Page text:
On this site I write about, what I like to believe is, a diverse set of topics. The normal way of presenting posts using a sequential list does nothing to help people discover other material on the site which they may also be interested in. I wanted to provide visitors with a list of links to content which is similar to the page they are currently viewing. However, due to limitations in the platform I’m using, there was no option to simply turn this on. So, I wrote some code and implemented an algorithm to solve this problem.
This details the hardware design for a simple 12-bit microporcessor. I created it for an undergraduate class which I took a few years ago. It is not really usefull for anything besides learning how computer hardware works, but I still think that it is pretty cool. I found the documentation for it on my hard drive and remebered how proud I was to have actually completed it; I am a computer scientist, not a computer engineer. Simple logic gates are used as the basis for the creation of more complex digital electronic circuits; those circuits, including a control unit, are in turn connected via a datapath to form a completed processor. The processor datapath is designed to implement the Simple-12 instruction set.
My boys and I enjoy playing a mobile version of the classic battleship game when we are waiting our turn at the barbershop. However, the artificial intelligence algorithm this specific game uses is so feeble that even my youngest son can consistently beat the computer player. So, I started thinking about improving the algorithm. I searched the web to see if there was already an established, dominant algorithm. Although I found several clever implementations, including one that used probabilities and another based upon a checkerboard pattern, I did not find one that I particularly enjoyed. After thinking about the problem further I came to the conclusion that this problem would be well suited for a dynamic programming algorithm.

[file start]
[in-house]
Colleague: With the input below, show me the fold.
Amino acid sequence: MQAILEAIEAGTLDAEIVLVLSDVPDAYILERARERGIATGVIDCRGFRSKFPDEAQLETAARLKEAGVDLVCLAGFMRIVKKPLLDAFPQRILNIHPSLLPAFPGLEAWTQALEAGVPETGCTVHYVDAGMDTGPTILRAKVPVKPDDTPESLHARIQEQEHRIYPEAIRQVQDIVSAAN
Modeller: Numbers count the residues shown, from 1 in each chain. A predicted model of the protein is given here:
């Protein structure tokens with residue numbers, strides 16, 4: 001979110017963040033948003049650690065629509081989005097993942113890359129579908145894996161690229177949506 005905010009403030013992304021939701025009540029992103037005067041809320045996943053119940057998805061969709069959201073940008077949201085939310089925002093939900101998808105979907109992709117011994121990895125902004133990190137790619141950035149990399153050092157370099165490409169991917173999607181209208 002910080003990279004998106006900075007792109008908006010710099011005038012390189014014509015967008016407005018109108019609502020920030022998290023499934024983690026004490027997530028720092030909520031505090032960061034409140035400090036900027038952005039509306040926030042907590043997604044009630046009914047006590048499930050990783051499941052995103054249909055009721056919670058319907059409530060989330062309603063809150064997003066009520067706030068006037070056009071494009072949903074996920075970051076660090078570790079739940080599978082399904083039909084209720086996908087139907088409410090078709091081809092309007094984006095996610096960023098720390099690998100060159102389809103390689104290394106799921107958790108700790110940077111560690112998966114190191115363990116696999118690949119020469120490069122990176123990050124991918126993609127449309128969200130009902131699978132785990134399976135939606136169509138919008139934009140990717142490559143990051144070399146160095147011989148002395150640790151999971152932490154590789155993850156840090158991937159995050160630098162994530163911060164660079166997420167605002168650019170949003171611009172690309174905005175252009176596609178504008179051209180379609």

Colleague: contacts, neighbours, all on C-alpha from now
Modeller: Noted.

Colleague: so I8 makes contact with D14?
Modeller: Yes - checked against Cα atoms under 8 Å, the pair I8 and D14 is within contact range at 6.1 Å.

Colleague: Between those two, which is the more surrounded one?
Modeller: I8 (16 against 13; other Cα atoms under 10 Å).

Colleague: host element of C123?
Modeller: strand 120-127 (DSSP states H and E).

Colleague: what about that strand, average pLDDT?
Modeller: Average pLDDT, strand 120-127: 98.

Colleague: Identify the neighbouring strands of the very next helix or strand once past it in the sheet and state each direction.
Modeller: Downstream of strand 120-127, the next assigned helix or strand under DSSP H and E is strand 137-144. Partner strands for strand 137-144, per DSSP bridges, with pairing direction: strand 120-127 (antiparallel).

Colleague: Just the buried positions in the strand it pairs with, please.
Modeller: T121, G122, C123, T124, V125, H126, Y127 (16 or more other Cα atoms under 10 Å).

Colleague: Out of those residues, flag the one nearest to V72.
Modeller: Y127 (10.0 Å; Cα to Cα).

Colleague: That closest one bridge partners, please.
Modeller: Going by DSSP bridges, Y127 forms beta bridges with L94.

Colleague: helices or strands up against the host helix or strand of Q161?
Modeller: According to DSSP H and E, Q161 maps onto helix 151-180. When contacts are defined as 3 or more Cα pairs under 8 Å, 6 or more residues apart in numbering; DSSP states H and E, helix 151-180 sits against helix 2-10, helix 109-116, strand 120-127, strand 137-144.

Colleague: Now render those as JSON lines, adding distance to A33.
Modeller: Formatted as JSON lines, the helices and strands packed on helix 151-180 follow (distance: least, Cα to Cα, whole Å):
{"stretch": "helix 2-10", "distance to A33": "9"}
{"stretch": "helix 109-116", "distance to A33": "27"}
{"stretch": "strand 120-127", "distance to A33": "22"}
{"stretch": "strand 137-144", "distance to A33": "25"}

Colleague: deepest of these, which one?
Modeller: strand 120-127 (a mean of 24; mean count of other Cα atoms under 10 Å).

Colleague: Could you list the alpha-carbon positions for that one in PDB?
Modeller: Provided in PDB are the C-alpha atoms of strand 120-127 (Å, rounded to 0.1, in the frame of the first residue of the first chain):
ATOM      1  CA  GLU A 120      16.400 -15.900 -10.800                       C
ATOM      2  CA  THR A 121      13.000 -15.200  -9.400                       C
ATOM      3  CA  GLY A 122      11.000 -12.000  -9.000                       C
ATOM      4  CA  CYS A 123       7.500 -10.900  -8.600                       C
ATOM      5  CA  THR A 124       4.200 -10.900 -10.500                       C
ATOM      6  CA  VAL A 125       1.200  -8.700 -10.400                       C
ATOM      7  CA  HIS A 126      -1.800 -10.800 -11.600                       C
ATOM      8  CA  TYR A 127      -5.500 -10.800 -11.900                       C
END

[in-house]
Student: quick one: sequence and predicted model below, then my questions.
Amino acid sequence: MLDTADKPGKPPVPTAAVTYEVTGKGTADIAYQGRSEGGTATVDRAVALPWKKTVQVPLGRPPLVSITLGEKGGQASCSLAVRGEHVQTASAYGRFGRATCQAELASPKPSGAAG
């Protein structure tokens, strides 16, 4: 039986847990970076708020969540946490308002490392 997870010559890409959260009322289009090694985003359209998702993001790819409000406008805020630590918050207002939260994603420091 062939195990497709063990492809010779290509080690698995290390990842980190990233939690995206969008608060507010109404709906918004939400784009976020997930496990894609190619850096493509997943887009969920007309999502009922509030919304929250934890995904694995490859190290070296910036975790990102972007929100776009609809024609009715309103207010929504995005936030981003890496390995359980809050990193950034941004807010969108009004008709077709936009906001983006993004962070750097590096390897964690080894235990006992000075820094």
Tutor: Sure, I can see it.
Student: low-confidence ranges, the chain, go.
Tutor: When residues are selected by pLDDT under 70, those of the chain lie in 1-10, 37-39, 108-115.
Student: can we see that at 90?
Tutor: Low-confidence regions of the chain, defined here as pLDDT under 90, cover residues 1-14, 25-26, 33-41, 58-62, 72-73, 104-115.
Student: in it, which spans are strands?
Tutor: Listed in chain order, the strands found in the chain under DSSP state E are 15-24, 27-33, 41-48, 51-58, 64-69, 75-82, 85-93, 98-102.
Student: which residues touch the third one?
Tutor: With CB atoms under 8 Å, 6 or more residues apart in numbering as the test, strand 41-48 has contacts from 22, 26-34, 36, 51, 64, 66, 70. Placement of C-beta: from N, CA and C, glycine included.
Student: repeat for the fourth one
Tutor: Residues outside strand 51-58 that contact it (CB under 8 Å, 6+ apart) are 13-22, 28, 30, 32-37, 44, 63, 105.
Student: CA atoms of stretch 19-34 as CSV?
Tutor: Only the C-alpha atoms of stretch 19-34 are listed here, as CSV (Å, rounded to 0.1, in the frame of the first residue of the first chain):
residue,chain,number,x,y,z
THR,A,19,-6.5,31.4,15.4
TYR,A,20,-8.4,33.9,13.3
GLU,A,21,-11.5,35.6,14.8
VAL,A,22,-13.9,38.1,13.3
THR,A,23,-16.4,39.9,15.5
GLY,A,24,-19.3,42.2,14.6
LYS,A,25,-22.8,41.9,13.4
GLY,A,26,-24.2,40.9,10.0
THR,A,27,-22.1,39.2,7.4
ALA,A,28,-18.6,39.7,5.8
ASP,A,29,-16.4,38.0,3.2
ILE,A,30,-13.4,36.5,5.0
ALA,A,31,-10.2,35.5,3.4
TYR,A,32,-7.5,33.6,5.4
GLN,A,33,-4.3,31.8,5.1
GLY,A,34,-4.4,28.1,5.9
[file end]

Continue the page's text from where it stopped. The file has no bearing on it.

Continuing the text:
From my perspective, the best approach to take when searching for the opponent’s ship is to target a square that is in the center of the longest line of unmarked squares. It would be even better to find a target which is at the intersection of two long lines of unchecked squares. To me, this is an effective divide and conquer approach similar in spirit to the concept of binary trees, the problem is finding an efficient algorithm. The problem seems to lend itself perfectly to the dynamic programming approach.
Although their use is slowly fading due to society’s increased reliance upon computers, the ballpoint pen is still used on a daily basis by most people in the United States. What is now an inescapable piece of disposable technology began its life as nothing more than an expensive and seemingly short-lived fad. Popular media accounts from the mid-1940s track the ballpoint pen’s rapid initial increase in popularity followed by its similarly precipitous drop. After this initial popularity spike the media chronicled the ballpoint pen’s gradual rise from novelty to ubiquity.
On a trip to Argentina in the summer of 1945 a businessman from Chicago named Milton Reynolds discovered a fascinating pen that he was certain could be a commercial success in the United States. Reynolds brought some of the pens back to the United States with him, and within a few months they were being mass produced by his newly formed company.